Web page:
Koret Directors Personally Profited From Self-Dealing Through Sale of Koret Assets to Prometheus Real Estate Group, Attorneys Say
San Francisco—Attorneys representing Susan Koret, the widow of the founder of the Koret Foundation, have filed a brief to oppose a move that would seal financial documents from public view in the battle over the future of the Koret Foundation.
Attorneys for Mrs. Koret say the documents show Koret directors profited from the sale of millions of dollars of Koret Foundation real estate assets to a business associate, Prometheus Real Estate Group of San Mateo, Calif., for ‘side deals’ that profited Tad Taube, a longtime president of the Koret Foundation.
Prometheus bought two large Foundation real estate property interests in 2014 and Prometheus, through its president Jaclyn Safier, is now seeking to seal closing statements and transaction documents showing financial payments and related deposition testimony from the public, said attorney Rob Bunzel of Bartko Zankel Bunzel, attorneys for Mrs. Koret, in the public filing.
In the filing for Mrs. Koret, made March 28, 2016, Bunzel said Prometheus’ motion to seal is motivated “to keep from a public trial terms of deals that greatly benefitted Koret directors….These deals all revolve around huge transactions with a public charity. There is no expectation of secrecy, no trade secrets and no reason to seal the records.”
Mrs. Koret, the widow of Foundation founder Joseph Koret, filed suit in October 2014 against Koret Foundation Board President Tad Taube, accusing him and the foundation’s board of directors of conflicts of interest in funding pet projects that include conservative causes in the United States and charities in his native country of Poland.
The suit alleges that under Taube’s direction the board has ignored the priorities established by her late husband to help the poor and assist Jewish causes in the Bay Area and Israel. Instead, her suit claims, the Koret board is using foundation funds to promote programs closely affiliated with individual board members and is purposely confusing the public by putting signage that prominently features Taube’s name alongside the Koret Foundation name on buildings and grants for which the Koret Foundation is the principal funder.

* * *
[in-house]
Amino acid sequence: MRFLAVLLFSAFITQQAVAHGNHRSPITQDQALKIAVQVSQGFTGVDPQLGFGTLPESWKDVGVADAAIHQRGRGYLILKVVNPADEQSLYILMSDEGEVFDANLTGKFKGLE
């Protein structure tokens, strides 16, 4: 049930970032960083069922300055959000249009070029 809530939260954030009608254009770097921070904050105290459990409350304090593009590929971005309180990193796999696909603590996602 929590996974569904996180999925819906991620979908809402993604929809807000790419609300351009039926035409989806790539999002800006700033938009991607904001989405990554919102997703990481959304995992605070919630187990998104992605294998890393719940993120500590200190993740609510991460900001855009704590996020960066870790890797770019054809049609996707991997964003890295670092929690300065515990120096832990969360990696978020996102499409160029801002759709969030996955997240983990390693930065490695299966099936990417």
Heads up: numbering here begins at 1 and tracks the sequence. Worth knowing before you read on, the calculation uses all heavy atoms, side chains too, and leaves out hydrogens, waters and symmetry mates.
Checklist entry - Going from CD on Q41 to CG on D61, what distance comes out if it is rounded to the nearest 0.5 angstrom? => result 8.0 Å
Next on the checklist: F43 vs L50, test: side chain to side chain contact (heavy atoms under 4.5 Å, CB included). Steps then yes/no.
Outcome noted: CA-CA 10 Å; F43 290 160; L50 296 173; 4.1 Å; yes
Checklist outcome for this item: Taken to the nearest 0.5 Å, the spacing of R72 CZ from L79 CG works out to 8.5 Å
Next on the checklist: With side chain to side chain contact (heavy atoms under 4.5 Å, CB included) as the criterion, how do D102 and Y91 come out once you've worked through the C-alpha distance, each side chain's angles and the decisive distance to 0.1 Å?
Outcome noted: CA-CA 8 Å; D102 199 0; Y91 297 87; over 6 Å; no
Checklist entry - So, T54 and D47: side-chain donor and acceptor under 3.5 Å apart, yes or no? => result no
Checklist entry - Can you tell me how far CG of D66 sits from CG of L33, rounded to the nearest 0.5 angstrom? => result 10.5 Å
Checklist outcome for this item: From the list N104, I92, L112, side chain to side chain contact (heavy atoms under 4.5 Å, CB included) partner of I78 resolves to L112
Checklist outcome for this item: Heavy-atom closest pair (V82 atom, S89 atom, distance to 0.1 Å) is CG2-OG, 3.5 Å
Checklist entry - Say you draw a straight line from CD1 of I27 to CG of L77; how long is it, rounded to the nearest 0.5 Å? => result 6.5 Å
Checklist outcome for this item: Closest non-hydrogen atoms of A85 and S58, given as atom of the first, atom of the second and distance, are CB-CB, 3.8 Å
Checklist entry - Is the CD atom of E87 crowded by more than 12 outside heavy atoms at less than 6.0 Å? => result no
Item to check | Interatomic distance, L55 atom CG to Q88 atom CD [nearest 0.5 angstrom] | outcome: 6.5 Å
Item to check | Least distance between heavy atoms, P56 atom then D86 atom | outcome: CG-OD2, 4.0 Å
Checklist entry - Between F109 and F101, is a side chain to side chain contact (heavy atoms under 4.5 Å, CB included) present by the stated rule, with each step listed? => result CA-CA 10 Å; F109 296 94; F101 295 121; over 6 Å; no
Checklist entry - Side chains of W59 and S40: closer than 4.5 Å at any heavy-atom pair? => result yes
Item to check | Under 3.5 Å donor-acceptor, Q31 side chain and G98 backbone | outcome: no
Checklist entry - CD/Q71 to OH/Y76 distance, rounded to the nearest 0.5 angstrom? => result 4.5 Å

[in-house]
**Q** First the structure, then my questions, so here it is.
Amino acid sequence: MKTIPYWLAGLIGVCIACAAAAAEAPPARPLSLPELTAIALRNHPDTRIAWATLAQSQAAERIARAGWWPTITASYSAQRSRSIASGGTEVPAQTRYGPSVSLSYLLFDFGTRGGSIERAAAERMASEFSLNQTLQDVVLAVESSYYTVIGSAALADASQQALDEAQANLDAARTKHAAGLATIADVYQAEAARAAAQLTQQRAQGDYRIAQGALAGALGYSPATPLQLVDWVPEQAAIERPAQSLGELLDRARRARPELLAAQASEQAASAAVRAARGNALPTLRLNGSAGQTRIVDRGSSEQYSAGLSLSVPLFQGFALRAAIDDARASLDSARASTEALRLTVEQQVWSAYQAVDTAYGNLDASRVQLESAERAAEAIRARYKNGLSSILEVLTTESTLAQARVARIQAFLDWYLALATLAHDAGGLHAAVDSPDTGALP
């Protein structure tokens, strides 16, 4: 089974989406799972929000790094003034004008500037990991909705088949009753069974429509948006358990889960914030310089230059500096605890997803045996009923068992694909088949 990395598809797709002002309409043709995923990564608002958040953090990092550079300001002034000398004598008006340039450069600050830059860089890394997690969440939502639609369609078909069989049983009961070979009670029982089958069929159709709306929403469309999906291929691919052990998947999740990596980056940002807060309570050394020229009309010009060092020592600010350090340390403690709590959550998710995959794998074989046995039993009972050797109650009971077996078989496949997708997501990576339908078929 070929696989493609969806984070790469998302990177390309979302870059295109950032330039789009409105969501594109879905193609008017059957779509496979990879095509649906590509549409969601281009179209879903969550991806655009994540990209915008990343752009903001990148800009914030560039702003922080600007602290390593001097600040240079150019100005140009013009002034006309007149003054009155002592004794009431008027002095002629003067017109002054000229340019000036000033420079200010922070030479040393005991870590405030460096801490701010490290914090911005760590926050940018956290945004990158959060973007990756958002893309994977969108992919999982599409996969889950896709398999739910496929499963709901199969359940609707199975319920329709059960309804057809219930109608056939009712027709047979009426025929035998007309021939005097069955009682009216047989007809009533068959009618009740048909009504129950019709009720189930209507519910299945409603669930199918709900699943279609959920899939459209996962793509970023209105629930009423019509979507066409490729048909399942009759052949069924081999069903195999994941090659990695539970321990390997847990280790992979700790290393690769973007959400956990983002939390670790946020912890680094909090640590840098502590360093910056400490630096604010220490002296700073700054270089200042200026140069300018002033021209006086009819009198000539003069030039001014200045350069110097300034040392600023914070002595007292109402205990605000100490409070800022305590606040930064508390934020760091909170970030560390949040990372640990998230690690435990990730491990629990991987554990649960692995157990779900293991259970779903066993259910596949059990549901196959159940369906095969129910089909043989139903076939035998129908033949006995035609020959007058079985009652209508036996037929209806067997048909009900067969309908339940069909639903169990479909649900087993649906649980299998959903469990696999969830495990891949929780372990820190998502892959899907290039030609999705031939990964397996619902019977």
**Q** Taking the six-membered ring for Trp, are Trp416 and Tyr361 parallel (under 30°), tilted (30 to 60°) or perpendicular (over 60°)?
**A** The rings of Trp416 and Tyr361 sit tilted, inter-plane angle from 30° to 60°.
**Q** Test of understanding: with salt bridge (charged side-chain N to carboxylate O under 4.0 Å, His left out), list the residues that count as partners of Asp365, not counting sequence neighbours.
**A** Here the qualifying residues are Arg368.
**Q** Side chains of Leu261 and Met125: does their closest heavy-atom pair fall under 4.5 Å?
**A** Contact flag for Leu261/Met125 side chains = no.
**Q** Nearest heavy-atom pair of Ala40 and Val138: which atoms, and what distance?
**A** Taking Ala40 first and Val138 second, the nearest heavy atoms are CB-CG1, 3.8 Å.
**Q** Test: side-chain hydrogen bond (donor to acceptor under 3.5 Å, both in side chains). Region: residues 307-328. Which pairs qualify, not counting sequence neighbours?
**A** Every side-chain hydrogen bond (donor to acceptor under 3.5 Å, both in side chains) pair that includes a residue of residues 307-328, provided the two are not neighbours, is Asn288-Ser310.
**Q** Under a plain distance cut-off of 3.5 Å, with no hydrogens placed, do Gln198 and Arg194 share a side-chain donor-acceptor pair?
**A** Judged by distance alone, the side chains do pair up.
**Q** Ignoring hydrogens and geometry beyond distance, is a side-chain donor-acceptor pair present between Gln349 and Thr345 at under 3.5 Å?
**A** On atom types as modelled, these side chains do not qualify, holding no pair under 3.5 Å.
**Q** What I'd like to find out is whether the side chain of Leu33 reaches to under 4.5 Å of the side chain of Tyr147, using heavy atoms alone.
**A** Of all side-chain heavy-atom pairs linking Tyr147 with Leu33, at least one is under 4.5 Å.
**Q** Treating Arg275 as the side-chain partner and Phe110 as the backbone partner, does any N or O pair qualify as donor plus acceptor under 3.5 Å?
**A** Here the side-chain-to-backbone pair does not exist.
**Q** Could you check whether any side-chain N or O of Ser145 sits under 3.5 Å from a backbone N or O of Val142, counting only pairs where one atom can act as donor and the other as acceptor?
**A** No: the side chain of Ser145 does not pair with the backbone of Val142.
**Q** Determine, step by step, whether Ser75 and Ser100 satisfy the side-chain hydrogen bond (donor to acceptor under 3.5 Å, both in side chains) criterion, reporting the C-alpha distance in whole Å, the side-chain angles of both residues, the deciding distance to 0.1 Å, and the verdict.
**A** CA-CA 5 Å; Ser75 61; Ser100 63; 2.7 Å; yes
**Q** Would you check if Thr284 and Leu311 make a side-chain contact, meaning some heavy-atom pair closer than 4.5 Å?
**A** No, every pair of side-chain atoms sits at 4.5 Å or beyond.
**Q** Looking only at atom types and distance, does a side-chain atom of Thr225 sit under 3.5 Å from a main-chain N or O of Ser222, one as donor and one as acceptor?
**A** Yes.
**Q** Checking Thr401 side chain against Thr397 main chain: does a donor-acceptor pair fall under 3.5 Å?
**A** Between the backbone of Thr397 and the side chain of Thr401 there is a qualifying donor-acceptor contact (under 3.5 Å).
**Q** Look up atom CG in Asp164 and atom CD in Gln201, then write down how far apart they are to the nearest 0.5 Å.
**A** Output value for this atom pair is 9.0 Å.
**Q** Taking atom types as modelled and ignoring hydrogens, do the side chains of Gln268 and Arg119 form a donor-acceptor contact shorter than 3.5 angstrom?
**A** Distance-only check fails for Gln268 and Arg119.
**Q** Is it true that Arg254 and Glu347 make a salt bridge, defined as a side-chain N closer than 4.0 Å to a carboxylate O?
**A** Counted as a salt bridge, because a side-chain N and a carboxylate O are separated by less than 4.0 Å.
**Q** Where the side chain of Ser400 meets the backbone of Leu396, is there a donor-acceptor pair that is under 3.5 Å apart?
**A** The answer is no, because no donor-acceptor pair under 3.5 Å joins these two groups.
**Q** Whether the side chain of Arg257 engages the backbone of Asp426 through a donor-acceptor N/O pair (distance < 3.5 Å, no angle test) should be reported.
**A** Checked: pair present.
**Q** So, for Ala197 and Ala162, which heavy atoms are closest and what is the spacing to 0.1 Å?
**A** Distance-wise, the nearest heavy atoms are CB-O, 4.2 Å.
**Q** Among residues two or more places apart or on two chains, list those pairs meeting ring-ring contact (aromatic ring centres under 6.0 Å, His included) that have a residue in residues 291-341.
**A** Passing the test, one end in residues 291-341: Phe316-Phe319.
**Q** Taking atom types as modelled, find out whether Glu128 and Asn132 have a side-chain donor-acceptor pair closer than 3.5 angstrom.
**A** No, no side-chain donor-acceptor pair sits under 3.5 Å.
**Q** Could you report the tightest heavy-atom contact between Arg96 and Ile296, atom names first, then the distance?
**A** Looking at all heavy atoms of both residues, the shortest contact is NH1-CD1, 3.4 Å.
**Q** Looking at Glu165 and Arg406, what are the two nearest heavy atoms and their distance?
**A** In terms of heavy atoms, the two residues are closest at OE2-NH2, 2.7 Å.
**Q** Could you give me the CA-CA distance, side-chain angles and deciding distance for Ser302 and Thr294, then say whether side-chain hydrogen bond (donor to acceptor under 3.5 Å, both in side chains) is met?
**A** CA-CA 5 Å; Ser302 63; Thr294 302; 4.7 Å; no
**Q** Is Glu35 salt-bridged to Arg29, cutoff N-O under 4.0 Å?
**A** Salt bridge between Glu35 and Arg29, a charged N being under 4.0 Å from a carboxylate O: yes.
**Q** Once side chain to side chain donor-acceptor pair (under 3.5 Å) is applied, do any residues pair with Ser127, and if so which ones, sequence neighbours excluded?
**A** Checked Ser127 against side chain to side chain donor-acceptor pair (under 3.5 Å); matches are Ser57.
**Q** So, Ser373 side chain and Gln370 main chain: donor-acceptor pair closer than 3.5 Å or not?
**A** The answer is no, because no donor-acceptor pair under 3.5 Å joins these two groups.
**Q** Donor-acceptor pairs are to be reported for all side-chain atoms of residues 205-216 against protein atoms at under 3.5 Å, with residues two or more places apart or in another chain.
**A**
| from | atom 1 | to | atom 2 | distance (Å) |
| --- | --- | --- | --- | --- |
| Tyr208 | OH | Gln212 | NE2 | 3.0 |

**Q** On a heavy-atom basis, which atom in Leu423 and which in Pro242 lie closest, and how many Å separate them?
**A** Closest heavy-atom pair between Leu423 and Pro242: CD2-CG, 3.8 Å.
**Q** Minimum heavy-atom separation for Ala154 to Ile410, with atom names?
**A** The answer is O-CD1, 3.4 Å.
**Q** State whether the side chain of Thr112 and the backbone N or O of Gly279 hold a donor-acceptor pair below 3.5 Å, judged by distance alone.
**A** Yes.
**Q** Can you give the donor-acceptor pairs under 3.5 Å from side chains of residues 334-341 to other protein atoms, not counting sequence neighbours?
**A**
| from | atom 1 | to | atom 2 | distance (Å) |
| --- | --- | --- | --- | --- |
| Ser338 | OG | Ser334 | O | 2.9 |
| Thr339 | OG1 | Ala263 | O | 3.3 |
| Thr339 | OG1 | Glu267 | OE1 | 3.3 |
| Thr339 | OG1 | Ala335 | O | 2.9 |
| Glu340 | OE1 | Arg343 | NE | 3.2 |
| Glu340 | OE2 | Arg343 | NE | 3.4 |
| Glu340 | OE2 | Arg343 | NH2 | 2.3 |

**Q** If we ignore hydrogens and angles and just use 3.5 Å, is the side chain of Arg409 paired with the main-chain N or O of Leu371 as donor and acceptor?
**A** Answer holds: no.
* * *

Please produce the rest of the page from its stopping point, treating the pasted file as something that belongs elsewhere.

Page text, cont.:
Some of the documents in question involve the sale of the Foundation’s interest in Fair Oaks apartment complex at 655 South Fair Oaks Ave., Sunnyvale, to Prometheus, which was the 6th largest real estate transaction in Santa Clara in 2014 with a sale price of $122,600,500, according to PropertyShark.com.
According to Mrs. Koret’s brief that opposes the seal: “the public’s right of access is paramount. Ms. (Jaclyn) Safier’s Declaration simply provides conclusory statements that data or terms in these real estate documents are proprietary in some way. There is no discussion of how this unspecified interest in confidentiality overcomes the public right of access. Given that the public’s right of access is of constitutional dimension and this Court’s obligation is to ensure public access to public trials, the showing on the face of the motion is deficient to establish any interest that “overcomes” the public interest.”
A hearing date is set for April 11 to hear motions in San Francisco Superior Court. The trial for Mrs. Koret’s lawsuit against the Foundation’s directors begins April 18.
Mrs. Koret’s lawsuit demands the removal of board members Tad Taube and his longtime legal counsel Richard L. Greene of Greene Radovsky Maloney Share & Hennigh LLP in part due to alleged self-dealing. The suit pleads breach of charitable trust for an injunction against all of the directors who include Anita Friedman, director of Jewish Family and Children’s Services, Richard Atkinson, former president of the University of California, Michael J. Boskin, Senior Fellow at the Hoover Institution, Abraham D. Sofaer, Senior Fellow at the Hoover Institution.
To learn more: www.SaveKoret.org.